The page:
Sunday, January 20, 2013

The In-Service

Courtesy of
If any of you have ever watch any medical TV show in the last decade, whether it's Grey's Anatomy, Scrubs, or Emily Owens MD, etc... then you have probably at seen the residents taking an exam. In surgery, this exam is called the ABSITE, or American Board of Surgery In Training Examination. This exam takes place every year, at the end of January. And it is taken by every surgery resident in the country (or every resident in an accredited program). There are two levels. The Junior Level (for first and second year residents) and the Senior Level (for third through fifth year residents).

This exam, while designed to give diagnostic feedback on the where the resident is weak in knowledge, can cause all sorts of anxiety. The test lasts about 4 hours and covers any and everything that a surgery resident is supposed to know. However, the the anxiety comes with how one performs -- each level of resident is grading against all the other residents in the country at their level (i.e. a second year at Hopkins, UCSF, and U of Miami, are graded against each other). This results in a percentile score and a raw score (not affect by how everyone else does). The one that matters the most... the percentile score, especially if you want to go into a competitive fellowship (i.e. pediatric surgery).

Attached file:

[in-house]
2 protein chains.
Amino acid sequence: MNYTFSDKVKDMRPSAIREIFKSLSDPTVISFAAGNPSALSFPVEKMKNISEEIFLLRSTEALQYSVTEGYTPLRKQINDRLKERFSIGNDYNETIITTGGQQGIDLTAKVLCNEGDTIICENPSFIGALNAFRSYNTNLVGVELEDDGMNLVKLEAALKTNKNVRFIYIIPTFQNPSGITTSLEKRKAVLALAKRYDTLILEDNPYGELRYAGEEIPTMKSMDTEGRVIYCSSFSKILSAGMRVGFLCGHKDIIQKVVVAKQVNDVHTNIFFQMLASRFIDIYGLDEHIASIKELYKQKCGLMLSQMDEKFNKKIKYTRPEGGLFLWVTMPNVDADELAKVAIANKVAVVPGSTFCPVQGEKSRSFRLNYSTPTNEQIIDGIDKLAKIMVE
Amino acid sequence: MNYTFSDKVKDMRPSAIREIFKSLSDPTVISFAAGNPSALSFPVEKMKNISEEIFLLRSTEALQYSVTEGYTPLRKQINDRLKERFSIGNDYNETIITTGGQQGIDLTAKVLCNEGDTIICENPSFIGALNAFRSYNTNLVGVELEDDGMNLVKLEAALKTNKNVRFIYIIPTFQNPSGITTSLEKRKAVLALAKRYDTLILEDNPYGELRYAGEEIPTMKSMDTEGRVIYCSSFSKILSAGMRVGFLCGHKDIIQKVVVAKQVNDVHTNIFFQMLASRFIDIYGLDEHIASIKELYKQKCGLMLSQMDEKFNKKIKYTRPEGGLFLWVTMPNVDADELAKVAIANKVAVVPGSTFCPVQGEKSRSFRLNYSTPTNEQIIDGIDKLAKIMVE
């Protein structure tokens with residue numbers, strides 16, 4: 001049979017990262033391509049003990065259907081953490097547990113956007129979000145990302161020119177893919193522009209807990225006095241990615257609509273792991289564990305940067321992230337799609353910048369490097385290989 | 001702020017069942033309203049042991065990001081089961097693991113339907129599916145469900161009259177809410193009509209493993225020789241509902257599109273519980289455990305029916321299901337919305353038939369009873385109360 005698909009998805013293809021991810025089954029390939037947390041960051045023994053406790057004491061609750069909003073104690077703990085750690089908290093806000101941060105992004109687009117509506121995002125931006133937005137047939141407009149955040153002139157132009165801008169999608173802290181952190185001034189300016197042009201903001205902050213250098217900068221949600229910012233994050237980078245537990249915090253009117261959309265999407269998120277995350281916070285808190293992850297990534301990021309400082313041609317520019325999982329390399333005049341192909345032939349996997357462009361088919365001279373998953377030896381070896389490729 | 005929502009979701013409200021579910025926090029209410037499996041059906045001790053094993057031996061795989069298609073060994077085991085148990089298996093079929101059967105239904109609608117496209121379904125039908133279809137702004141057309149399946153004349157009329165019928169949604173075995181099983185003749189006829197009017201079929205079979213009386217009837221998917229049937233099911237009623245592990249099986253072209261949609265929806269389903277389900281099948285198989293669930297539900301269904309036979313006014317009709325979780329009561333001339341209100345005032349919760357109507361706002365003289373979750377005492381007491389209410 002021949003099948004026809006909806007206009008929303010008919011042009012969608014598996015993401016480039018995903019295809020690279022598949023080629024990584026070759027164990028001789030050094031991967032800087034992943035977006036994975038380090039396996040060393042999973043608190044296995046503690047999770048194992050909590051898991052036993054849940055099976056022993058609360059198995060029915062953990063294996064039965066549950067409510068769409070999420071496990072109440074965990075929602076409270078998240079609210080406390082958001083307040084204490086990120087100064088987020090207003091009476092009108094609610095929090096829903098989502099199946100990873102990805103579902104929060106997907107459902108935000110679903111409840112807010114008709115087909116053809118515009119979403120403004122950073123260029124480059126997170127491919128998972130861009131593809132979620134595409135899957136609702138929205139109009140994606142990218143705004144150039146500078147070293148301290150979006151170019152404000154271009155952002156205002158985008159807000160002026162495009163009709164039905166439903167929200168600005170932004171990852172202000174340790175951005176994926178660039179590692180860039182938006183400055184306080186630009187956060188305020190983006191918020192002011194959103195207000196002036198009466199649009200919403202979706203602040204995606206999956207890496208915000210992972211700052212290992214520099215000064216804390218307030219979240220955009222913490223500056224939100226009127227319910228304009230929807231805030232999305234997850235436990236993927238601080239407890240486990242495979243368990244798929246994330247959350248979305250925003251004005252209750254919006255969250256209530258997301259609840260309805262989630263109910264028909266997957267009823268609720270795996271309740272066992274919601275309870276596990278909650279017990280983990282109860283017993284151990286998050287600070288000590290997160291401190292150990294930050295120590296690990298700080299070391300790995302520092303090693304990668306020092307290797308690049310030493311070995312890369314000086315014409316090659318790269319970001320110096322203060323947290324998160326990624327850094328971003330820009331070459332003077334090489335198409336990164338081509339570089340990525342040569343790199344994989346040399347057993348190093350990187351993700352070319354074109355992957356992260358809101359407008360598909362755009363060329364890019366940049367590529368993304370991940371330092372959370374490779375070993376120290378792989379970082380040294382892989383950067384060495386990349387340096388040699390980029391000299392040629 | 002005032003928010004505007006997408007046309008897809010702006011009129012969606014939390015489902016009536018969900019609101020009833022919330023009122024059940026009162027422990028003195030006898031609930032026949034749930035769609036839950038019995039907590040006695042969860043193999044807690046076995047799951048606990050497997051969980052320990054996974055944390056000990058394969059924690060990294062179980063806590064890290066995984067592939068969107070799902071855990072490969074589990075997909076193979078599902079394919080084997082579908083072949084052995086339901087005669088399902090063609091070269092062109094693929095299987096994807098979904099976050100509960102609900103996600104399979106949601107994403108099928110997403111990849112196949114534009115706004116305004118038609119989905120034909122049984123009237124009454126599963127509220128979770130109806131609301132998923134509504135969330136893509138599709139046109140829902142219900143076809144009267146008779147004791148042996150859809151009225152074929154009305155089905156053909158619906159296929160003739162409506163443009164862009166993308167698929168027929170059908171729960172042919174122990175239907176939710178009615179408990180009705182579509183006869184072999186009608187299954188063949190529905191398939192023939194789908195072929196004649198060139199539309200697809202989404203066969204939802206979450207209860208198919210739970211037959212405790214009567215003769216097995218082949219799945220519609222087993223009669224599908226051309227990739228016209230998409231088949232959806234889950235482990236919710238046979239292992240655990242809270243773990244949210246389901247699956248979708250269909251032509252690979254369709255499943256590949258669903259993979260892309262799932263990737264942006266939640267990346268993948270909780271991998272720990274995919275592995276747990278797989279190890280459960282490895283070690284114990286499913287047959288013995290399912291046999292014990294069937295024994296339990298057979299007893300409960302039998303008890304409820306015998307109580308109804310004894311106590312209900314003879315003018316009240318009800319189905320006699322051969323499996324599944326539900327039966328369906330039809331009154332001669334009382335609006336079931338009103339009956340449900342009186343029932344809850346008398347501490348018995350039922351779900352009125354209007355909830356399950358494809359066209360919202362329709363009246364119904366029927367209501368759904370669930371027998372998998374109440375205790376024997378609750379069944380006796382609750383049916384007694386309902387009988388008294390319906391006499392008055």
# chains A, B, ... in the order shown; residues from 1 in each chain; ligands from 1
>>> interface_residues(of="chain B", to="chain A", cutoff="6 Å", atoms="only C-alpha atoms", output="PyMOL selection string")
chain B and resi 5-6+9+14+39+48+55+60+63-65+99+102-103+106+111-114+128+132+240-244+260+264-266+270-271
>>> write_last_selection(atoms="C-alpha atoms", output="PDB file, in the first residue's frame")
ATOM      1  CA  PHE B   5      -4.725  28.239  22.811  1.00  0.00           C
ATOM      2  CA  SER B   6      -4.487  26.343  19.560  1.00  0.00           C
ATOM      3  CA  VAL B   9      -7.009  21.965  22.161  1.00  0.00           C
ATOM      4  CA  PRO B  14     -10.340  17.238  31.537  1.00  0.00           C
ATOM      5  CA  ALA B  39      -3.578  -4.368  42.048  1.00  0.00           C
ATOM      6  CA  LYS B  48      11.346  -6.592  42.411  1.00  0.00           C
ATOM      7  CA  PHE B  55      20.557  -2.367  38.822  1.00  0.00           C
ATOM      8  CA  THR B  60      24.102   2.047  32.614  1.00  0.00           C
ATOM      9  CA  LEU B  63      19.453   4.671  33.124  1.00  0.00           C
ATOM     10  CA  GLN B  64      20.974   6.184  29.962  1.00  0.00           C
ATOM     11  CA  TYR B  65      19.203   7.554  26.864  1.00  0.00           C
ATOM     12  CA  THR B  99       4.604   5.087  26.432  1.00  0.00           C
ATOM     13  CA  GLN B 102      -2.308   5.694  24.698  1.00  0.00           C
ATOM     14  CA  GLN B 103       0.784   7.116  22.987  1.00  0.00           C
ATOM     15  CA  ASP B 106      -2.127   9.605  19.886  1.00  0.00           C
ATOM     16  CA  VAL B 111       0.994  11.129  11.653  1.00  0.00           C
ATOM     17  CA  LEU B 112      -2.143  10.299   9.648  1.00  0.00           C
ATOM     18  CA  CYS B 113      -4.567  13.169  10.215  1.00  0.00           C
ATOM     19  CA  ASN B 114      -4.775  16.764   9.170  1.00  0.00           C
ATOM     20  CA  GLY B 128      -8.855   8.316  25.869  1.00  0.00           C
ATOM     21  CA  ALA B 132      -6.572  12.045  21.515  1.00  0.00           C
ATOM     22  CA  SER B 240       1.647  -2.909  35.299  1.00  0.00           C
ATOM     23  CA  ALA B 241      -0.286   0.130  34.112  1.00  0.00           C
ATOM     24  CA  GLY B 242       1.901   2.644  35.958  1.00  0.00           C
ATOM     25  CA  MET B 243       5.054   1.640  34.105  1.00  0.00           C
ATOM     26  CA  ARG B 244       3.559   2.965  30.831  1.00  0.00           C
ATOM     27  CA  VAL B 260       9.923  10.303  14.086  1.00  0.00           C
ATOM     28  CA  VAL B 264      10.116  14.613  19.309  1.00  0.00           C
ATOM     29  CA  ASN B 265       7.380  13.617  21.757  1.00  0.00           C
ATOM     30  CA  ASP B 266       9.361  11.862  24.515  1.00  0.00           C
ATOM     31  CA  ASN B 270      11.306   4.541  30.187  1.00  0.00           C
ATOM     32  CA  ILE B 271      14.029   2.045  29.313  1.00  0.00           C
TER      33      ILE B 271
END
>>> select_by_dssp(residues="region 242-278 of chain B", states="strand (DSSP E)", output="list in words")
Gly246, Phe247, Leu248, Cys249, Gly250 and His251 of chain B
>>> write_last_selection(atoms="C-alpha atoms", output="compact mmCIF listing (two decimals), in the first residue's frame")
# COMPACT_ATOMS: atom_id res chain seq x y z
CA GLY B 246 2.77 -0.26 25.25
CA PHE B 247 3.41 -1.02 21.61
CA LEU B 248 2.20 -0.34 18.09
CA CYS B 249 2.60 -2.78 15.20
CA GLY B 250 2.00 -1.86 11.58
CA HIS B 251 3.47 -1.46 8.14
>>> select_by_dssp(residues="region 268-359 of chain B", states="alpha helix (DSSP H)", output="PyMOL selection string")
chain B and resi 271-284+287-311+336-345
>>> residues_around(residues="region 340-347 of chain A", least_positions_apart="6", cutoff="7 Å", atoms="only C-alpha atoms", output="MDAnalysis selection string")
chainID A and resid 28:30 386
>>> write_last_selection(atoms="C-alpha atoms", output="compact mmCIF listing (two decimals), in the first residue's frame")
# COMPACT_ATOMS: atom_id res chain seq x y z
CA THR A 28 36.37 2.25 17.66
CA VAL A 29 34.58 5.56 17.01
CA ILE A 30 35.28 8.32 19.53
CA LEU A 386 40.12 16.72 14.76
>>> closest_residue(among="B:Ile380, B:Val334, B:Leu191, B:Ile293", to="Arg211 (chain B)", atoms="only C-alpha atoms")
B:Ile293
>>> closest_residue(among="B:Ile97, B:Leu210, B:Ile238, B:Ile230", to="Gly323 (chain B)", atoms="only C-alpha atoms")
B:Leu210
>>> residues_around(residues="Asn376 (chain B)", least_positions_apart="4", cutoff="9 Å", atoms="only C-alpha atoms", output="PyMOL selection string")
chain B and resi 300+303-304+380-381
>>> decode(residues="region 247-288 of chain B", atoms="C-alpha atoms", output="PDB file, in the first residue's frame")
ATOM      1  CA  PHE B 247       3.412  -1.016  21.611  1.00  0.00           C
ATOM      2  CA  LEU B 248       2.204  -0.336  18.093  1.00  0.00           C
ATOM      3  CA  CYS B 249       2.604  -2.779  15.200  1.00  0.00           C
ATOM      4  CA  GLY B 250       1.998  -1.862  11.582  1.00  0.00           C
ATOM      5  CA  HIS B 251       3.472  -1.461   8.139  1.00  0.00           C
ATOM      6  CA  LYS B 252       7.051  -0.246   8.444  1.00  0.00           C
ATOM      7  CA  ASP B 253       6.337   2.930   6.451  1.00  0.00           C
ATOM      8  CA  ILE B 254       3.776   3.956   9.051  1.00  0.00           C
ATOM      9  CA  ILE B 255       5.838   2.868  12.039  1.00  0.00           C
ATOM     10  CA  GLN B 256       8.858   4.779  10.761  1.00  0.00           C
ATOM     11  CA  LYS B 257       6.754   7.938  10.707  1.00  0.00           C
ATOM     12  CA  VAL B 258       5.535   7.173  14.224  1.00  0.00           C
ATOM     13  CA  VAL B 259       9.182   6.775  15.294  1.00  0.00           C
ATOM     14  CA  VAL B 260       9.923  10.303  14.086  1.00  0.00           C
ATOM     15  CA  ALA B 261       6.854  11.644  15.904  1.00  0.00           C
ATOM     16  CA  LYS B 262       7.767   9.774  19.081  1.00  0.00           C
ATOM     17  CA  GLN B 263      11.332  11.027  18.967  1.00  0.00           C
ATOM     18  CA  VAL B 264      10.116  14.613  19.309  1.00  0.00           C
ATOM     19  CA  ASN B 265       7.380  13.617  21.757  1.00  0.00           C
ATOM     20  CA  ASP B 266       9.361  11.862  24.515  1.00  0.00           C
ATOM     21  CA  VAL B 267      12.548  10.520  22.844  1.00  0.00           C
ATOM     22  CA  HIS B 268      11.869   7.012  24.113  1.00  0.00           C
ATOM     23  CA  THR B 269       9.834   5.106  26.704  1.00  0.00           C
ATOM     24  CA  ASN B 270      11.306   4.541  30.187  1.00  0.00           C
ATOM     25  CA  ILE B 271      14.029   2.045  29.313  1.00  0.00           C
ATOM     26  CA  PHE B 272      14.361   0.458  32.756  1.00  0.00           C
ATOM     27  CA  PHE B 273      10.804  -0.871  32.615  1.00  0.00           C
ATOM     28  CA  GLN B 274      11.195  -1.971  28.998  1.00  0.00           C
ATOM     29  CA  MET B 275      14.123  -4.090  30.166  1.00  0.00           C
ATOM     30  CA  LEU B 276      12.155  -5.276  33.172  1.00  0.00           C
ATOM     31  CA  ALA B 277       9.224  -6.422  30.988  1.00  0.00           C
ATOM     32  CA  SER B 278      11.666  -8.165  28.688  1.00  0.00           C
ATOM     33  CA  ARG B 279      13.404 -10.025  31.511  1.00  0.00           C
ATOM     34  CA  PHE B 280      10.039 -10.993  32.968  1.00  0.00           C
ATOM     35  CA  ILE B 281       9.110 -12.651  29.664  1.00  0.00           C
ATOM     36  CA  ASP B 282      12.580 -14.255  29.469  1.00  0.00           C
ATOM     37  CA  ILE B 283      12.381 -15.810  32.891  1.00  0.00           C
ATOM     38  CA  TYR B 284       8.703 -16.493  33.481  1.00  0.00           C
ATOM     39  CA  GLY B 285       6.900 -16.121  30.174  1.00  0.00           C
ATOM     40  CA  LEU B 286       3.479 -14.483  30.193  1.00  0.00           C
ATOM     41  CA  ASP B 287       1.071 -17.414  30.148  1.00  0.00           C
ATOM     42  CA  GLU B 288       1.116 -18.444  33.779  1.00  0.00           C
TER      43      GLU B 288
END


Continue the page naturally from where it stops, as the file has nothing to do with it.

So, this month all my free time is being dedicated to studying... and trying to retain everything that I've forgotten over the past year (and from medical school). Countless hours of reading review books and guides, cramming in questions between seeing patients in the CCA and post-call, while trying not to fall asleep. Caffeinated days off spent at the coffee shop, and anxiety filled nights while trying to remember what was learned. Praying for the days to go by slowly, while anxiously awaiting the day after the test, when there will be a huge burden lifting off the shoulders.

If you happen to run into a exhausted looking surgery resident, which injected eyes and empty cups of coffee in front of them, don't judge them on their haggard appearance, just remember we're striving to be the best doctors we came be, at least in the academic sense.

And now it's time for me to get back to hitting the books...

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